by Article 8 (see e.g. the B. v. France judgment of 25 March 1992, Series A no.
232-C, § 63; the Burghartz v. Switzerland judgment of 22 February 1994, Series
A no. 280-B, § 24; the Dudgeon v. the United Kingdom judgment of 22 October 1991,
Series A no. 45, § 41, and the Laskey, Jaggard and Brown v. the United Kingdom
judgment of 19 February 1997, Reports 1997-1, § 36). Article 8 also protects a
right to personal development, and the right to establish and develop relationships
with other human beings and the outside world (see, for example, Burghartz v.
Switzerland, Commission’s report, op. cit., § 47; Friedl v. Austria, Series A
no. 305-B, Commission’s report, § 45).
state, Thomassen concluded, has a "positive obligation" to encourage
the development of relationships, and then of course recognize them. When the
private life becomes one with another, family is formed.
think same-sex partnerships, and living together, should be more discussed in
terms of family life. When relations are accepted as family life, discrimination,
in general, seems less easy to justify. It's easier to say, 'There is no family
life' than to say, 'There is a family life, but it's an inferior one'.
law, in the European Union, is under national control, while individual rights
are guaranteed by the EU. In order for marriages to be portable, family law would
either have to come under EU control, or be harmonized across the member states
in Europe. Whereas
in Canada, a federal legislative body (Parliament) is already empowered to control
family law in its member provinces. The anticipated removal of same-sex restrictions,
and subsequent implementation across 10 provinces is seen, by some in the EU,
as a future lesson for similar change in Europe and elsewhere.
Hofmeister began by describing the inequities in Austrian law, where she is a
"is considered to be less dangerous to the public than male homosexual orientation,"
Dr. Hofmeister explained. "As an example, I may only mention a ruling of
the Consititutional Court from 1989 in which the higher age of protection in cases
of male homosexuality is considered to be justified in Article 209 of the Criminal
Code, and sexual relations between persons of the same-sex among women are considered
to be harmless since this would alledgedly not differ from assistance rendered
in personal hygiene."
conference theatre erupted in laughter.
can imagine that Freud could only be Austrian, when we develop such laws,"
Dr. Hofmeister said. "In effect, sexual self-determination and sexual orientation
are not respected legal categories in Austrian legal reality."
classification of a person by others with respect to gender identities, sexuality,
and assumed sexual orientation of that person, are essential criterial for answering
the question whether a person, as a legal subject, is recognized by society and
respected as being equal, or whether this classification, at first sight, causes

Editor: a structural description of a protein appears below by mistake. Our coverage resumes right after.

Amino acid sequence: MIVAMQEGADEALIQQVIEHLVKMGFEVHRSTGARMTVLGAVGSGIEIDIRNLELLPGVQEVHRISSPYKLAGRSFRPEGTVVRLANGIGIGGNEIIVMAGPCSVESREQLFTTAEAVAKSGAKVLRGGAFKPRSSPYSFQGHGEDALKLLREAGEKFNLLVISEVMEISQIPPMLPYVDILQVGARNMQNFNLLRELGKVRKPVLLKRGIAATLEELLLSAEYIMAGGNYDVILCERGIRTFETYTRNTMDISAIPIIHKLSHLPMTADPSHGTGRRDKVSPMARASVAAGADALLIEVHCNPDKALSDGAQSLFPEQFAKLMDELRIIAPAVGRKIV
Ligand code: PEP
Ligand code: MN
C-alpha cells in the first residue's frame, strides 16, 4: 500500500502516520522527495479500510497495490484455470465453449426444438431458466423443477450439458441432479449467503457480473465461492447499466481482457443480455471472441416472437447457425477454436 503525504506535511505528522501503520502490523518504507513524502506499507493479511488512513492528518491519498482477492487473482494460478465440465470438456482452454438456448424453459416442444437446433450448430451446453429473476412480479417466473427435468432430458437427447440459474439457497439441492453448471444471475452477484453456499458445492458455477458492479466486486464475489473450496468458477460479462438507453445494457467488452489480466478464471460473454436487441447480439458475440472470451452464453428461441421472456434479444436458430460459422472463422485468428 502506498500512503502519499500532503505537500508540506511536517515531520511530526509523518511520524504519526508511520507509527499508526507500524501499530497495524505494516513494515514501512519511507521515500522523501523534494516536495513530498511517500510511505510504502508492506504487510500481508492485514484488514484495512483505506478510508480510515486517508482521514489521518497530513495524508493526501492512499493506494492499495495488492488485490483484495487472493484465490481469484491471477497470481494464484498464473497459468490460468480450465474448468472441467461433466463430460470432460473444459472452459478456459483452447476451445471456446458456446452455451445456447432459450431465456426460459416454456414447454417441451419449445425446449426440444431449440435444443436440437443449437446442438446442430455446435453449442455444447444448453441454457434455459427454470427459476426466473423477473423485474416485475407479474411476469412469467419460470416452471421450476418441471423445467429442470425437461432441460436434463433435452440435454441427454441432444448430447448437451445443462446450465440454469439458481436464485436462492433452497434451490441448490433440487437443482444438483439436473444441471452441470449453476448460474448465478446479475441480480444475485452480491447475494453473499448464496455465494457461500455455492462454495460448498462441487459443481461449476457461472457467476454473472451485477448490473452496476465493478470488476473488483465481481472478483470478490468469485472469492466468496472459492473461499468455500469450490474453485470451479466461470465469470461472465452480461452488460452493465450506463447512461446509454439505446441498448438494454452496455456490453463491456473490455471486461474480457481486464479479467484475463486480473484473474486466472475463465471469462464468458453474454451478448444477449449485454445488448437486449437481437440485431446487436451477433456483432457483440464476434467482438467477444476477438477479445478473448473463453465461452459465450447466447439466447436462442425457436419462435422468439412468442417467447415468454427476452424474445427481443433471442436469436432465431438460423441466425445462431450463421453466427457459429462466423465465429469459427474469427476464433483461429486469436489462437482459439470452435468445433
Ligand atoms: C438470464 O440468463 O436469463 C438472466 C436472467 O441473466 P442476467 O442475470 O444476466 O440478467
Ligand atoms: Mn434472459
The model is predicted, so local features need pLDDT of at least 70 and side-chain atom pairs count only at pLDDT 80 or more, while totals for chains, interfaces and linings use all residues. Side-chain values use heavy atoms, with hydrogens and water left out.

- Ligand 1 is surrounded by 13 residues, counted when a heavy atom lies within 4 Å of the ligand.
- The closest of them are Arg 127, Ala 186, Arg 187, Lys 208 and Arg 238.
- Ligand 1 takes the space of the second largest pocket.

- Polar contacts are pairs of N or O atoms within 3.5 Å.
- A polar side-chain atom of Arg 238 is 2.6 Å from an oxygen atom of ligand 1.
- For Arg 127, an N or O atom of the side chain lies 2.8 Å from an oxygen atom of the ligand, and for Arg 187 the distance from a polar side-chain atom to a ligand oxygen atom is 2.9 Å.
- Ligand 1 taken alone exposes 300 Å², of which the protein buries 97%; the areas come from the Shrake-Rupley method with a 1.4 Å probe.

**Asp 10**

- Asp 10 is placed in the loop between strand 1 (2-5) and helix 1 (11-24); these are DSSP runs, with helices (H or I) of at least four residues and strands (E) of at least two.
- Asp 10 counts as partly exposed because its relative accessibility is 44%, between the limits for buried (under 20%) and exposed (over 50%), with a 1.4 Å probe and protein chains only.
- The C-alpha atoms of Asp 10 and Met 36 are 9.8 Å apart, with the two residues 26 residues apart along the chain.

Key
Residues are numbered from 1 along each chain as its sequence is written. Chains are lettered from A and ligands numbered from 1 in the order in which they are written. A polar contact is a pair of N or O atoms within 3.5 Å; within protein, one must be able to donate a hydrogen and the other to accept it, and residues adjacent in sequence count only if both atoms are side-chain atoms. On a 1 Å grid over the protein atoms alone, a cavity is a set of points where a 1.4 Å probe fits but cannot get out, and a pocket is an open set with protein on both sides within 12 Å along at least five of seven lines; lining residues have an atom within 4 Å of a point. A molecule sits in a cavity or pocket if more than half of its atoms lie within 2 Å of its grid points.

derogatory attitudes to be adopted towards that person - discrimination, and thus
violation of fundamental human rights. Today,
in fact, sexual orientation should belong to people's rights by birth."
society's shift to extend human rights to homosexuals "would result in a
change of paradigm in the value system of a society based idly on heterosexual
marriage, hitherto paternalistic, gender hierarchical ... our common basic assumptions
would have to be left for good. Instead, people would be respected and recognized
for their manifold talents, inclinations, and personal existance and be placed
as individuals in the centre of the legal system" rather than outside it,
reach this goal, we all must play a role, educating one-on-one or in group situations.
Dr. Hofmeister said, "human rights education is nothing but information about
a value system. It is a belief assuming that human rights are universal and indivisible,
needs to run through-out society and into the courts, where judges can contribute
to the realization of human rights.
requires a permanent process of awareness, education, and imparting knowledge,
as well as the willingness to deal with legal systems from other contries and
to learn from them. The development of consistutional states in Europe has shown
that the transformation of value systems in a society is implemented by interacting
with and transforming legal systems."
self-described heterosexual feminist concluded by reminding to look within for
our own opportunities to transform.
all can never stop trying to achieve further successes in the field of fundamental
human rights. Even those discriminated [against] may run the risk of practicing
discrimination themselves. This is what is particularly difficult in the realization
of human rights."
Judge, Court of Appeals, Stockholm
Ytterberg is on a leave of absence from the Court of Appeals in Sweden in
order to serve as the Swedish
Ombudsman against Discrimination because of Sexual Orientation (a six year
described a need for jurists to support one another when they "dare to do
the right thing".
would submit," Ytterberg said, "that there is a very strong culture
of conforming among judiciary. It is a problem."
that doesn't stop Ytterberg in having faith that more and more judges will deliver
human rights to homosexuals.
we can make a difference, we must make a difference," Judge Ytterberg concluded.
be transcribing more of our recordings of the conference proceedings, in order
to bring you some highlights, in the near future. Stay tuned!